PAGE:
I can’t imagine what came over Negus for him to suggest that a Victoria Cross winner was in a swimming poll diving for his brains.

    SAS guys may be brawny, but they also have to have a lot of smarts about them.

    But then to suggest that he was impotent or similar because he and his wife had had an IVF conception was just plain bizarre.

    Negus’ only saving grace was that he wasn’t the one who put the cherry on top with the “dud root” comment.

    A lot of punters ringing in with, in my opinion, pretty good cases for a whinge (for once). This could end Negus’ career.

    by Bushfire Bill on Feb 29, 2012 at 5:05 pm

  36. confessions @ 2817

    Missed QT again. Seems it was another one where Slipper flexed his muscles.

    Hey, you also missed answering the questions I posed earlier.

    Or do you decline to answer?

    by bemused on Feb 29, 2012 at 5:08 pm

  37. So I really think you have a distinction without a difference.

    The fact is they agreed in writing to an arrangement with the ALP for the ALP to form a government with their support.

    The ALP is not a natural person and cannot pick up a pen so it’s leadership signed on it’s behalf.

    It is illegal to induce someone to vote a particular way in parliament.

    Those “agreements” with the independents are purely political documents, they aren’t legal documents.

    The Greens could sign one of those agreements and then vote in the complete opposite way to what is specified in the agreement. The thing that stops them from doing this is political rather than legal pressure.

    by ShowsOn on Feb 29, 2012 at 5:08 pm

  38. The ALP is not a natural person and cannot pick up a pen so it’s leadership signed on it’s behalf.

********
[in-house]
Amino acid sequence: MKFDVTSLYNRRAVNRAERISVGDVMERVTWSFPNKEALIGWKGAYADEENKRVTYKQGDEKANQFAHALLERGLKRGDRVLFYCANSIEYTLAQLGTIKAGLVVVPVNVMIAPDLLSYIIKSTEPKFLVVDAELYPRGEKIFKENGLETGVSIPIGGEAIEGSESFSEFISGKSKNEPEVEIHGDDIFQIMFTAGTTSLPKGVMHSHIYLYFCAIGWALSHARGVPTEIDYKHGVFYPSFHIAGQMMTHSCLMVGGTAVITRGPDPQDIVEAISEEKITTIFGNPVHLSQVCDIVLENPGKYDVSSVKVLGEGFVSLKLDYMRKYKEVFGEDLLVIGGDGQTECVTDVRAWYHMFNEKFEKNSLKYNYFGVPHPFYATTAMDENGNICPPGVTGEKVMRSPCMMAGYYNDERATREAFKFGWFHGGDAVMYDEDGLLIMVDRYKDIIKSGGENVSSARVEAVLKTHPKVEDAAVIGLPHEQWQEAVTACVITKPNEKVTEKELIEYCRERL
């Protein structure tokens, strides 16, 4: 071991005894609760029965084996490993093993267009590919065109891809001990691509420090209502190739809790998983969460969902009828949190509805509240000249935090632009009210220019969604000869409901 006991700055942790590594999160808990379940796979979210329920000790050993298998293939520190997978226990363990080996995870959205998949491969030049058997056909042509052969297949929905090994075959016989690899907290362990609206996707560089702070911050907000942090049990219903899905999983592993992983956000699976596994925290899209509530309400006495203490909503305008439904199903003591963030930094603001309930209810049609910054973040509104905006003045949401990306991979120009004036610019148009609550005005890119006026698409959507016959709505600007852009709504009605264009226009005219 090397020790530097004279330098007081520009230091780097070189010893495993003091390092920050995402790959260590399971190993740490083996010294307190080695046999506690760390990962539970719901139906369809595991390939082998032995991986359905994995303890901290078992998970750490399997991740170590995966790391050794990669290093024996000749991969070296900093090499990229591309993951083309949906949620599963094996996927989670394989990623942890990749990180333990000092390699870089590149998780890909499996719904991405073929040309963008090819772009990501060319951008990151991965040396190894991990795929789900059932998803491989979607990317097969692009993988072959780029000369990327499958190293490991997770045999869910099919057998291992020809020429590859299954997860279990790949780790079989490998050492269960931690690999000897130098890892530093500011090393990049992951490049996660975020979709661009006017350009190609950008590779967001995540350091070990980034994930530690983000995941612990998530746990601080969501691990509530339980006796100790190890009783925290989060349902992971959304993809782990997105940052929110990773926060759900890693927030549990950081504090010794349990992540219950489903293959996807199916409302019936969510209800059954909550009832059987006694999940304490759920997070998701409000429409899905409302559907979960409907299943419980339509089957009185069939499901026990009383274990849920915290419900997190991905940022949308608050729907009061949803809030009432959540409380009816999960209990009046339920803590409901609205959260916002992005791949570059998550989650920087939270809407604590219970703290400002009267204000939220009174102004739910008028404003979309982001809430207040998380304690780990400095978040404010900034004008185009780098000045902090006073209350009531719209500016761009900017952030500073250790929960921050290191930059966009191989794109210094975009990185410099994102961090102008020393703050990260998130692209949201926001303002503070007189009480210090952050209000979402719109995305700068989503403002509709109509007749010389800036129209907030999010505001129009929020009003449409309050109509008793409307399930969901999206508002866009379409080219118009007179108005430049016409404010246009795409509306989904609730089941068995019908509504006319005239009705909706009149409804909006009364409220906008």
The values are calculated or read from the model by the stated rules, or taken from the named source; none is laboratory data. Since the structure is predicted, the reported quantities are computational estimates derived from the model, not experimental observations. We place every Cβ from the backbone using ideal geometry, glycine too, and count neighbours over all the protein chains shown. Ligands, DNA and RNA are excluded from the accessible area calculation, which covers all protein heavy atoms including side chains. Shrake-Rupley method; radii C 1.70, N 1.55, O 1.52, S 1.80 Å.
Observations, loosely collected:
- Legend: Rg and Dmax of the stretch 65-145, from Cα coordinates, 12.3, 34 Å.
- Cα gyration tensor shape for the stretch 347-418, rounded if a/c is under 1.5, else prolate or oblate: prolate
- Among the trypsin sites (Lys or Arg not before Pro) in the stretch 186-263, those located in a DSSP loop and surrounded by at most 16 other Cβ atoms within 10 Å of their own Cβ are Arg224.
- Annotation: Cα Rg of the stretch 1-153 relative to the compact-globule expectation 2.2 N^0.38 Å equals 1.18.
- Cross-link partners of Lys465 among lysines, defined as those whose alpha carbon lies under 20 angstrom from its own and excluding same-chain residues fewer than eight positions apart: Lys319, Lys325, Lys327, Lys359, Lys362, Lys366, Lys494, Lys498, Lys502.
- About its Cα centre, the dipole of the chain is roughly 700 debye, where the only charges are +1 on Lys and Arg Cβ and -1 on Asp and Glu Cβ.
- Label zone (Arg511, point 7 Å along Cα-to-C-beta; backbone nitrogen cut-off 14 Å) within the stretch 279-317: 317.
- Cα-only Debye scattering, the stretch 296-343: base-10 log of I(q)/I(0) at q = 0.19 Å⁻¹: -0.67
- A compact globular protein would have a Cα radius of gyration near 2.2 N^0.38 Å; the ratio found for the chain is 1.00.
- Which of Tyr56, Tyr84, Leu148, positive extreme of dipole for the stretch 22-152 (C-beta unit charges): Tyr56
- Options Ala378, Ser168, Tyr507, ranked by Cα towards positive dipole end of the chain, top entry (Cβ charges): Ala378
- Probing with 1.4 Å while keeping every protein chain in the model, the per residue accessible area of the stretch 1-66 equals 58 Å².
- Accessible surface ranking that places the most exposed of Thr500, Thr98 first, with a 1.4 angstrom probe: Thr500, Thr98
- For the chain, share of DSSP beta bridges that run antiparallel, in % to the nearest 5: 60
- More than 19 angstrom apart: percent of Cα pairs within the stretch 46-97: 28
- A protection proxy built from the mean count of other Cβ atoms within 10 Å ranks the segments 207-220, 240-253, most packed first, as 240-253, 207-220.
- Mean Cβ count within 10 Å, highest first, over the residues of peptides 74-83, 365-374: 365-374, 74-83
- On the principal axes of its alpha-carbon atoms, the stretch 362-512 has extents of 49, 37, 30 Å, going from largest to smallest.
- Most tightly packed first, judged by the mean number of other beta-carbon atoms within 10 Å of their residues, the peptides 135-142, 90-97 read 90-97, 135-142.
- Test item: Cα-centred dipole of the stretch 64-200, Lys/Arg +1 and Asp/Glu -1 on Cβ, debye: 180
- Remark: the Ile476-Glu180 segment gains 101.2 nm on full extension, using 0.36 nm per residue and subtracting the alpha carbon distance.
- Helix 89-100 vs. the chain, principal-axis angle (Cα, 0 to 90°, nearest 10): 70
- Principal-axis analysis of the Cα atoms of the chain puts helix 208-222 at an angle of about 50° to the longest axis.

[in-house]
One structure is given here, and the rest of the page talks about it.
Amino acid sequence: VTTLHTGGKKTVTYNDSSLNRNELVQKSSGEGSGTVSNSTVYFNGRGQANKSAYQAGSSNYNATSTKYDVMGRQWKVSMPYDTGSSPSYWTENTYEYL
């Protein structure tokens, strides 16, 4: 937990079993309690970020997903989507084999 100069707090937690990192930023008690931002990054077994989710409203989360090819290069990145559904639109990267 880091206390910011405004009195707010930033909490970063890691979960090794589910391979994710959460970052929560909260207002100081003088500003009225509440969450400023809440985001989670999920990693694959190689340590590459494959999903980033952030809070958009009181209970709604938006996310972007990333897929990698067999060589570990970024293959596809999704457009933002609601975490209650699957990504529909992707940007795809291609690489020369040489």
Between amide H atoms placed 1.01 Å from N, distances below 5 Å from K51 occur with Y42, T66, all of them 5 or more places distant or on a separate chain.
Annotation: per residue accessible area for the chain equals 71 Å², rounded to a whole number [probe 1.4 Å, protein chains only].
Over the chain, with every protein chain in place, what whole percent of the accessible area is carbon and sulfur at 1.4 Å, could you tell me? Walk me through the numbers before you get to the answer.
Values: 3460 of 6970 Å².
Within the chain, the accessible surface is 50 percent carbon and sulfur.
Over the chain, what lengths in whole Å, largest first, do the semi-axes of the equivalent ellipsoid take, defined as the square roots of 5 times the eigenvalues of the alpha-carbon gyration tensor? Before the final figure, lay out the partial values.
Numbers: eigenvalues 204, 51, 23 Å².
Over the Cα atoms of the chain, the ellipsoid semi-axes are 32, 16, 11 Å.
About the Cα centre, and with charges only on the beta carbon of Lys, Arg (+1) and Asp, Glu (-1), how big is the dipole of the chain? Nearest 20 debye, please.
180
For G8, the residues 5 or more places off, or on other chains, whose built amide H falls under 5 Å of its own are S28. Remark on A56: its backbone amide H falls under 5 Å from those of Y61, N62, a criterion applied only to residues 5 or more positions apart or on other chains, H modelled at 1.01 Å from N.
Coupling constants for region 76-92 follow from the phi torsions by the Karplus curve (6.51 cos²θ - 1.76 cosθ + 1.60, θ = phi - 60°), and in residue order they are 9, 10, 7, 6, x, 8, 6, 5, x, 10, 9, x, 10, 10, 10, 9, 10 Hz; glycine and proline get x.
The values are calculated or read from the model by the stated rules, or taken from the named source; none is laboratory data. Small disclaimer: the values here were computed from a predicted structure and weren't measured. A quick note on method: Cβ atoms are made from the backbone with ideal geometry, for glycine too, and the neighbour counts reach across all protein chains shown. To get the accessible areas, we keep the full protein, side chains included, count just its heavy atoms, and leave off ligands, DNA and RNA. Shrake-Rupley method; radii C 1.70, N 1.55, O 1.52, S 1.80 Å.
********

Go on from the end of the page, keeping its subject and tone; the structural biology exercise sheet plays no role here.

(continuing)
It doesn’t say they are signing “on behalf” of anyone. However, in the interests of other PBers who have moved on from this interminable and pointless debate, I am happy to defer to a High Court decision on this one.

    by Oscar on Feb 29, 2012 at 5:10 pm

  39. I am happy to defer to a High Court decision on this one.

    Well given there is no legal issue at hand, there’d be no cause for any court, let alone the High Court to consider it.

    by ltep on Feb 29, 2012 at 5:12 pm

  40. The ALP is not a natural person and cannot pick up a pen so it’s leadership signed on it’s behalf.

    True, it’s not a natural or legal person. There was an AEC recommendation last year to the effect that registered political parties be deemed incorporated associations, but so far as I know, it hasn’t be acted upon yet.

    They’re unincorporated associations (like Clubs before the Clubs incorporation legislation).

    Such bodies can enter contracts and agreements, but only via their office holders acting on behalf of members. They can’t do it in their own names.

    And such office holders become personally liable under any such contracts with, at best, a right of indemnity from the members of the association for any liabilities incurred on their behalf and at their behest in entering into any contracts or enforceable agreements.

    If any such agreement is breached by the unincorporated association and the aggrieved party wants to sue on it, thay have to sue the office holders (however styled eg: President, Treasurer, Board Members) representing the members from time to time of the association.

    They can’t sue the unincorporated association itself as it has no legal existence.